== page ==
Tuesday, September 27, 2005

Disaster Recovery

One common comment I have heard since Katrina has been "well, they didn't teach you about this at seminary, did they?".
No, they didn't.
But, as someone who spent 20+ years in the banking world, in Data Processing, I should have been better prepared.
As a mainframe systems programmer, we were required not just to have published disaster plans, but to test them. At least twice a year we would take backup tapes of all our systems and fly to an off site center, load the entire systems (this is WAY WAY bigger than PC network stuff, folks), get it up and running, run a day's work for the bank, establish communications links to branches in Mississippi, etc. It was HARD stuff but very important. We utilized two offsite vaults and backups were sent to each every day - in case the "disaster" affected one vault as well as our main location.
To make it more realistic, at times the auditors would come in a declare a "surprise" disaster test. Part of the surprise was to mark certain staff members as MIA - so they could not participate in the test, nor were they allowed to communicate with those who were. We had 4 folks on my staff, and two would be exempt, really testing how well we documented our plan and cross trained our staff.
So here comes Katrina, and you would think I would have had a better plan. Now I must give credit to our altar guild, as they had a written plan that they did execute - three seperate large buckets were loaded with altar sets - chalices, patens, linens, bread, wine, BCP, Bible - all that we needed to "do church" from one container. They were then sent to three different evacuees to take off site. All survived, so we have all our chalices, etc.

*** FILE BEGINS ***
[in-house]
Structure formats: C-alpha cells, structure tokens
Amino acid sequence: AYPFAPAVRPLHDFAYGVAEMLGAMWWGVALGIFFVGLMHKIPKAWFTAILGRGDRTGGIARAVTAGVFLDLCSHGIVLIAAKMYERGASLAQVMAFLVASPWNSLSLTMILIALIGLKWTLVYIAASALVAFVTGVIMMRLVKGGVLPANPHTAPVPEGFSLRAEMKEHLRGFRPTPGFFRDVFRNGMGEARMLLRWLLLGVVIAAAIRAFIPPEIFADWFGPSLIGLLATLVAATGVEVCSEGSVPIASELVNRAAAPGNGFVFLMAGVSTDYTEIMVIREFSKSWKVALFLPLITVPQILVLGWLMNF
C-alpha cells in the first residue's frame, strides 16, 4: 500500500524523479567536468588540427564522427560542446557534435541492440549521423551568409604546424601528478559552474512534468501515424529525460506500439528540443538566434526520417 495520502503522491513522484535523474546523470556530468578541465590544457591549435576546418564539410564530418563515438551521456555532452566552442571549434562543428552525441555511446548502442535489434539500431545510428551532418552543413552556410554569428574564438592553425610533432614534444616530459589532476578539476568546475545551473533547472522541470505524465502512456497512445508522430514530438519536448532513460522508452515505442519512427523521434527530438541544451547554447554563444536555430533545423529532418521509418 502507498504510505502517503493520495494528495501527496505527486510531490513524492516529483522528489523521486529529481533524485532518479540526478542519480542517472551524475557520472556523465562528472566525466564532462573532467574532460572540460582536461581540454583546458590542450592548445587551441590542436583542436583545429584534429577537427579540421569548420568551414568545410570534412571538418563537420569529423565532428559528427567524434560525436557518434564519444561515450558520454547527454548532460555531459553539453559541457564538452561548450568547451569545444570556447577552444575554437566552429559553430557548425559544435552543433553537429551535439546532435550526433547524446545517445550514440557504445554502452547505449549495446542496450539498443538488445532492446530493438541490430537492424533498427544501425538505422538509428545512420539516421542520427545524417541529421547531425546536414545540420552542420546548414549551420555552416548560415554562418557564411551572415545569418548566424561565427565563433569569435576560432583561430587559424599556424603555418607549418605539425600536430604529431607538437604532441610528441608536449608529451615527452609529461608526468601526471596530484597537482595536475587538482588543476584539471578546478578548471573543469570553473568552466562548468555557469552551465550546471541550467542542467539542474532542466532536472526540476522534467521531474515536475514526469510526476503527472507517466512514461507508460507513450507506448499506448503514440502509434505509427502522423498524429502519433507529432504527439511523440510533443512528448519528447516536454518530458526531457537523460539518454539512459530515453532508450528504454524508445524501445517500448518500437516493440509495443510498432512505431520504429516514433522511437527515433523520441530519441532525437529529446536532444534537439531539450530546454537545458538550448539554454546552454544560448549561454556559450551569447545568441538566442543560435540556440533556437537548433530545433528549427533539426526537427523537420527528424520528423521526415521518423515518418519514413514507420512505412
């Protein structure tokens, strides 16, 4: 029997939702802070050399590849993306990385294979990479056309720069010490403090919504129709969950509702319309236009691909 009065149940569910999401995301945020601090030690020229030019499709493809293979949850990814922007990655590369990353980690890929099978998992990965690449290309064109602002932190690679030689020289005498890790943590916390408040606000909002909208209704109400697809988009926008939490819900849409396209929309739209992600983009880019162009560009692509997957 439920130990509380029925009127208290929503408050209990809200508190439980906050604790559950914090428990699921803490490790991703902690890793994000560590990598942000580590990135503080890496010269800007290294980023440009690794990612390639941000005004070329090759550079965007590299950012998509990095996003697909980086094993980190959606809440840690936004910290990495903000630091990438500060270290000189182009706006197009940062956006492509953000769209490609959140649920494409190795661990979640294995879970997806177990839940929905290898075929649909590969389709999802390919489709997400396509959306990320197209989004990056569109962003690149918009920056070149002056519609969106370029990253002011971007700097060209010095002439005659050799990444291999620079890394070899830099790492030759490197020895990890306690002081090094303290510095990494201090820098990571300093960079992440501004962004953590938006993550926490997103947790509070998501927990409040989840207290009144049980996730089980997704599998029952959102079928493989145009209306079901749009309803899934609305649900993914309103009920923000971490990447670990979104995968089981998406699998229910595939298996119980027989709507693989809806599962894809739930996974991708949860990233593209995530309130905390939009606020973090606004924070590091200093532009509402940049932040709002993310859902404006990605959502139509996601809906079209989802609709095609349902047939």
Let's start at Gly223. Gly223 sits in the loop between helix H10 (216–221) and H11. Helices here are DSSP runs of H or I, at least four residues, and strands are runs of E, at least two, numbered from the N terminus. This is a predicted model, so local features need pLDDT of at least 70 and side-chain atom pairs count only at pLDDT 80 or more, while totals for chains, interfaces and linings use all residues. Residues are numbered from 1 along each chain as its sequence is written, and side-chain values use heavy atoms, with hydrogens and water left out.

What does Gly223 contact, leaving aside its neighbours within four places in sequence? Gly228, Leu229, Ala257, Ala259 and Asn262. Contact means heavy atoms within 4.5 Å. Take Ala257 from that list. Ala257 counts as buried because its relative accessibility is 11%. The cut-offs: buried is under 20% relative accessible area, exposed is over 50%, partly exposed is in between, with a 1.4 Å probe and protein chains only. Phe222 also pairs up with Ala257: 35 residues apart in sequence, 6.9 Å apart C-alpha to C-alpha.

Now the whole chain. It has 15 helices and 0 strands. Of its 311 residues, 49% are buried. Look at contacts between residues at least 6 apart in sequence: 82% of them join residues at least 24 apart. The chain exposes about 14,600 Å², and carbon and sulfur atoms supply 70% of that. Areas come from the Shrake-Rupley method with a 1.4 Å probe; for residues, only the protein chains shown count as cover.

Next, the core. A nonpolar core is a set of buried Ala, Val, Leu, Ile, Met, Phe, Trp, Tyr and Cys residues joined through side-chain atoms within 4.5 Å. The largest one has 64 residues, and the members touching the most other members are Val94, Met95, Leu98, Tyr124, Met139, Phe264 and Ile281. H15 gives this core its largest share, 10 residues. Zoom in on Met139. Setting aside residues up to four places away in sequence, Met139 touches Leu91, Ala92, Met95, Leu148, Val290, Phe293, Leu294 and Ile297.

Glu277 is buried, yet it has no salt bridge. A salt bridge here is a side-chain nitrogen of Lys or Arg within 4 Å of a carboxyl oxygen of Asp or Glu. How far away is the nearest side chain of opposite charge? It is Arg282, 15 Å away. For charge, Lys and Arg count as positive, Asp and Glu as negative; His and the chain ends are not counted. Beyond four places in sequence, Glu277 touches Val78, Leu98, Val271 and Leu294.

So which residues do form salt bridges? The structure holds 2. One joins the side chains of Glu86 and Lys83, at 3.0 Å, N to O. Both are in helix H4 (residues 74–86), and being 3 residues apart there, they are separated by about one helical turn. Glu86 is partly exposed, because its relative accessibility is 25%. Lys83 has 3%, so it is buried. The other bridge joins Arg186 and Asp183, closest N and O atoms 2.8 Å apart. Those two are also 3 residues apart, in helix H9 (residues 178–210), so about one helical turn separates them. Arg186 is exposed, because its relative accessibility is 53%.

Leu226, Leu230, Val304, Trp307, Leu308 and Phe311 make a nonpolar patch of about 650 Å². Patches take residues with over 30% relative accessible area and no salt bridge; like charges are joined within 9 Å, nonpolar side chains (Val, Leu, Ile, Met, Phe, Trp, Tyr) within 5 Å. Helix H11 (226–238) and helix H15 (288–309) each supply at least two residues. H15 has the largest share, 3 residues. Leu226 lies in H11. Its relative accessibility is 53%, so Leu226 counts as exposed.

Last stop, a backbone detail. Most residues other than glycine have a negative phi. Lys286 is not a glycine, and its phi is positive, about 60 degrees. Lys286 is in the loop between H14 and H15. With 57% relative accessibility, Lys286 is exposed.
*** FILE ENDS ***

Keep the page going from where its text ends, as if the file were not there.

As to the church records, we loaded them to a parishioner's house who had built to withstand 150+MPH winds, and had a "safe room" made of extra reinforced concrete and steel. In it we took our Parish Register, our Services Record, our charter (when we became a parish), checks, financial records, backups of our computers. It was all wiped out by storm surge. All....gone.
Thankfully my secretary, at my suggestion, took a copy of our church database records with her, so we do have a backup to restore from once we get a computer.
I left WAY too much stuff in my office, stuff that is not replaceble. I did get all my personal stoles, but left albs (mine and my wife's), ordination certificates, some pictures, all my books. Idiot. I should know better. And I should have simply taken the desktop PCs (sans monitors and printers) with me, it would have saved us tons of time (and money).

Bottom line - you ALL need a plan and you need to TEST it too. Write it up, declare some people MIA, and try it out. You need redundant backups and you need safe places for stuff. Lots of places. Lots of stuff.
If Seabury (or any other seminary) wants me to teach a class - PLEASE let me know. I can, by example, tell how not to do it - and maybe a little of how to.

1 comment:

St. Casserole said...

You are correct. We need to have workable disaster plans.

I'm so sorry about your losses but who could anticipate that your church records would be damaged.

My records show that the first mention of Mississippi being in Katrina's path appeared at 8:44am. on 8-26. The storm began near the Bahamas, not off the Coast of Africa, so we had less time to prepare.

I'm back on the Coast. Can you drink coffee on Wednesday?